A team of three Missourians and two Texans this week paddled nearly 33 straight hours to shatter a course record in an annual canoe-and-kayak race across the state.
It’s only the second time in 13 years that Missourians have finished first overall in the Missouri River 340. The endurance race began in Kansas City Tuesday morning. The course stretches 340 miles along the Missouri River to its finish in St. Charles.
When the winning team, River Fitness, landed ashore near the Lewis and Clark Boat House and Museum, it had beat the previous record by more than 90 minutes. The team’s crew — an assortment of friends and relatives — helped steady the dead-tired boaters as they stepped onto the landing’s muddy bank.
Team member Michael Matthews, of Branson, said he was pleased with how well the team performed — and utterly exhausted. When asked what he planned to do next, Matthews said, “Sit down for a little while, and stop paddling.”
The team is comprised of Matthews, fellow Missourians Brad Daniels and Dylan McHardy, and Texans Wendell Smith and Phil Bowden. Bowden set the race's previous overall record in a tandem boat in 2015. McHardy and Daniels both placed first in their divisions in 2017.
“Perfect” conditions for a grueling race
MR340 spokesperson Brian Russell said the conditions were perfect for boaters to make good times this year.
“The forecast is perfect, the river is up high, it’s not going to be too hot,” he said.
The river race is “the longest canoe-slash-kayak race in the world” that allows continuous paddling, Russell said. The race has made National Geographic’s list of “best American adventures.”
Each year, the race aligns with July’s full moon so that competitors can paddle through the night, if they want. Around 550 people start the race each year; about a third drop out before the end.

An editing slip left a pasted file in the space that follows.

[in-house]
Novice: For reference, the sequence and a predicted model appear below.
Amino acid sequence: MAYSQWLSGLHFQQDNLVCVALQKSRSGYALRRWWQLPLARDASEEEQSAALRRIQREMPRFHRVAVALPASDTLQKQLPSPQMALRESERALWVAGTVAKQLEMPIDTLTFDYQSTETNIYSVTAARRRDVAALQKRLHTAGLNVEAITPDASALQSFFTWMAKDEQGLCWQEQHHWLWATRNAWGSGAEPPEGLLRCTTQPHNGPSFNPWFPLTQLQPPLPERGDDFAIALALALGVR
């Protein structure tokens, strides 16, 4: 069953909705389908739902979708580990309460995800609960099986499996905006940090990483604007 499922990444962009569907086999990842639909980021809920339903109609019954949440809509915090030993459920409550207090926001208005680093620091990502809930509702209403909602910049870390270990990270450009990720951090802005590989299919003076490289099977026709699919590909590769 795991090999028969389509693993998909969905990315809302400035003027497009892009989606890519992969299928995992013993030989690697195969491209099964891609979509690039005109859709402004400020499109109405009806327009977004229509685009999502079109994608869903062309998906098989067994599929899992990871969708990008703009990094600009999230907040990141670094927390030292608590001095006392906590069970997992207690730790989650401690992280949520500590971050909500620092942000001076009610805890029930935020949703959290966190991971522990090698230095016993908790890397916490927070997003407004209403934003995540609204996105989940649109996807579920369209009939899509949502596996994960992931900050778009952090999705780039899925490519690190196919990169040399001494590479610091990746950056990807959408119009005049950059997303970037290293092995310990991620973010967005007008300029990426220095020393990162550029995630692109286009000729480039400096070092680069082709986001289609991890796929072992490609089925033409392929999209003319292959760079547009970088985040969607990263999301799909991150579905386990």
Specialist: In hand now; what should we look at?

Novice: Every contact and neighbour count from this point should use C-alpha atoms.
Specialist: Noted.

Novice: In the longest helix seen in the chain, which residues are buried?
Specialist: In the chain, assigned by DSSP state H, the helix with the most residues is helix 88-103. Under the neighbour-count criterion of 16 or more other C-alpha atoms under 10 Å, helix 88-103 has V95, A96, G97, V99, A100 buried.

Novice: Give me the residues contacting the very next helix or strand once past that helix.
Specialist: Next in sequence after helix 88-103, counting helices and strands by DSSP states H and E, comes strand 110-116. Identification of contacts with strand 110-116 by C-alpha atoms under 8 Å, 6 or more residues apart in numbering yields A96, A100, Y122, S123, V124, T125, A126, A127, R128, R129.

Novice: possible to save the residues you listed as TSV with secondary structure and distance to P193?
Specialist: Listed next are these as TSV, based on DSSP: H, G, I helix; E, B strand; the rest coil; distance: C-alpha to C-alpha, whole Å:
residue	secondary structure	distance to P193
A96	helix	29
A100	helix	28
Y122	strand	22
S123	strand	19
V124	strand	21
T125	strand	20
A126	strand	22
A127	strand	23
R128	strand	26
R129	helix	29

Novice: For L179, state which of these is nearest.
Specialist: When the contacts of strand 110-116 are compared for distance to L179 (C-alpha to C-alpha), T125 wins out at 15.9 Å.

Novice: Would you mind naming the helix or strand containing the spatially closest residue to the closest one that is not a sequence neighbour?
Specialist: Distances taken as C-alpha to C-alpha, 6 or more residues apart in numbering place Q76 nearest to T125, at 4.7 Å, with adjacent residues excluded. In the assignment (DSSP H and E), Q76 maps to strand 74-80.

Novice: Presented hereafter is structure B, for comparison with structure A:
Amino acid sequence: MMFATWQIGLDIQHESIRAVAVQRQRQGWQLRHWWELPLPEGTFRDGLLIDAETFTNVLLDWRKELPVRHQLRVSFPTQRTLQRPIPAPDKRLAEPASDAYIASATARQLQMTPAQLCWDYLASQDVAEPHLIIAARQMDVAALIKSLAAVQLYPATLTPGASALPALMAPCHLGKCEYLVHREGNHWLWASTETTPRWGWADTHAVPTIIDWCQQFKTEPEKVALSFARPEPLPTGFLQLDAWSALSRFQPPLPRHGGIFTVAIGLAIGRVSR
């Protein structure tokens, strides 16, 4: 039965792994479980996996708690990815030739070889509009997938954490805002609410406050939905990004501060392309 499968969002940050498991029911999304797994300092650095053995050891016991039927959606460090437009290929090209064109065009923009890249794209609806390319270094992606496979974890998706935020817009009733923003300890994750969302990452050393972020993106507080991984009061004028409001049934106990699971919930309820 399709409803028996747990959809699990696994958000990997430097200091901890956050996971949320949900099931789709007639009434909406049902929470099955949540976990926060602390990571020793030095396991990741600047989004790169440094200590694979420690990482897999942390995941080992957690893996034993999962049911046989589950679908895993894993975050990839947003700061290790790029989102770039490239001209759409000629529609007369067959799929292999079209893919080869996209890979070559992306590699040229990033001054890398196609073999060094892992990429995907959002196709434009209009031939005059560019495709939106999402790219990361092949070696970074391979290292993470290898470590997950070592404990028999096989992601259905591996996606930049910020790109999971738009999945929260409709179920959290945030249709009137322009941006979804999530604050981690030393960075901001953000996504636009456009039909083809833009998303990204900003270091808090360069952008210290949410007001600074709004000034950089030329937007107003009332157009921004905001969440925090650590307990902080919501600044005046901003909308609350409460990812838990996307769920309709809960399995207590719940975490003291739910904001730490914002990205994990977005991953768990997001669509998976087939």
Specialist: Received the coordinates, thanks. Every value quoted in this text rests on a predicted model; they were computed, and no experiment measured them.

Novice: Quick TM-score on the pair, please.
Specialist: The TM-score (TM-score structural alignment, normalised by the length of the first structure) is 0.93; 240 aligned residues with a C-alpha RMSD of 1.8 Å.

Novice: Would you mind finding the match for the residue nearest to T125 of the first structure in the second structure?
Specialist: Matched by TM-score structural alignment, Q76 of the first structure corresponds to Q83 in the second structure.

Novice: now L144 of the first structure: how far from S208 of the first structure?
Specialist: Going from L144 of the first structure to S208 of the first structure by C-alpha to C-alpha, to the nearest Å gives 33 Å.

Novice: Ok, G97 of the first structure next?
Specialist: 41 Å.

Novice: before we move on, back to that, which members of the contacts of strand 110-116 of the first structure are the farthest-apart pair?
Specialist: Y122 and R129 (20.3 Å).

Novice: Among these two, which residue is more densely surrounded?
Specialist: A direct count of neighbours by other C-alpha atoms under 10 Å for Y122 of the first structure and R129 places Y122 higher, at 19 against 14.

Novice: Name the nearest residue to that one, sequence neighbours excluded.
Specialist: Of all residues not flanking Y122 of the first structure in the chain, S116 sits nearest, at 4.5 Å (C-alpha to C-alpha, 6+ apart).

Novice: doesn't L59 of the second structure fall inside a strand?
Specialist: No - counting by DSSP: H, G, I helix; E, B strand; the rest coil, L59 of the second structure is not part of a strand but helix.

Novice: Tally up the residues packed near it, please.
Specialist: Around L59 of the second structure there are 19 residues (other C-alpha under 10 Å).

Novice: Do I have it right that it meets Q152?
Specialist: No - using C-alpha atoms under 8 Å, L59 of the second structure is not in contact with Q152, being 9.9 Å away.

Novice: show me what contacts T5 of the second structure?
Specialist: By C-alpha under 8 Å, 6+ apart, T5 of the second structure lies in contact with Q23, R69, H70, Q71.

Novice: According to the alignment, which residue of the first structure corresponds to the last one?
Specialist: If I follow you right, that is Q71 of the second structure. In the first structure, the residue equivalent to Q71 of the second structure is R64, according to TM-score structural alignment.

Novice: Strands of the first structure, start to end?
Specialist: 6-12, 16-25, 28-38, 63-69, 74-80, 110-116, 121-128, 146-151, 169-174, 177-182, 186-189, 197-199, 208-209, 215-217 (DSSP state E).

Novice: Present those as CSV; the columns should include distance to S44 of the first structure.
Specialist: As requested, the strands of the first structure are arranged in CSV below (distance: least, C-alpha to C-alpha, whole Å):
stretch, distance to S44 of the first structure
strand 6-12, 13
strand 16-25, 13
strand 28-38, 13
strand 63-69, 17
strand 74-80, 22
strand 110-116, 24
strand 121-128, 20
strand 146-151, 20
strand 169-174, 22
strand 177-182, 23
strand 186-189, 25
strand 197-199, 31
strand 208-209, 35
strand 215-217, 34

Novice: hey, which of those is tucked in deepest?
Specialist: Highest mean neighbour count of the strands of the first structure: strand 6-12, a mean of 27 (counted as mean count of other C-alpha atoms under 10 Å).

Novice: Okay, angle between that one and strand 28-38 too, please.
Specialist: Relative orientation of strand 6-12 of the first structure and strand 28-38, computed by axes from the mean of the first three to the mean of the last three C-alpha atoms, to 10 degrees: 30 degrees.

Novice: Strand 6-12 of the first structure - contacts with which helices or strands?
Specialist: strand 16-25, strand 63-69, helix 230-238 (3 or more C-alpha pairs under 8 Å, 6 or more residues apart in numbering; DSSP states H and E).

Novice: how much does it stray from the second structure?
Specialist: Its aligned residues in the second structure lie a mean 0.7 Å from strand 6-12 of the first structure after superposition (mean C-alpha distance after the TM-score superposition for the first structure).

“Some of these teams will literally get on the river, start paddling — and they won’t stop paddling until they reach St. Charles,” said Russell.
Competitive teams, like River Fitness, that skimp on sleep, can finish within 40 hours.
“You can sit in the boat from Kansas City to here and never get out. That can be brutal,” said River Fitness team member Phil Bowden, who added that this would likely be his last MR340 race. The team opted to stand every 30 miles but kept most breaks to two minutes.
Not everyone aims to break a record
Many teams choose sleep over speed and trickle in under the 88-hour mark. The vast majority of competitors arrive between the third and fourth days of the race.
St. Louisans Trent Sturms and Brian Forsee are taking the slow approach: They plan to sleep onshore for at least four hours every night. Their goal is “just to finish,” said Sturms.
“We’re gonna win the hardest-partying category,” added Forsee.
Before the race, they said they planned to pack a big jug of cold-brew coffee and a pile of canned beer. They said, perhaps in jest, that they might eat hot dogs the whole way instead of taking time to cook.
As of their checkpoint Thursday morning, the duo was 48 hours into their race and about halfway through the course.
From the river, Sturms and Forsee said that they’re feeling good and trying to decide whether to paddle through the night. They are on track to finish the race before the midnight deadline on Friday.
“It’s just monotonous,” said Sturms. “Kinda the same thing over and over.”
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Brian Heffernan contributed reporting to this story.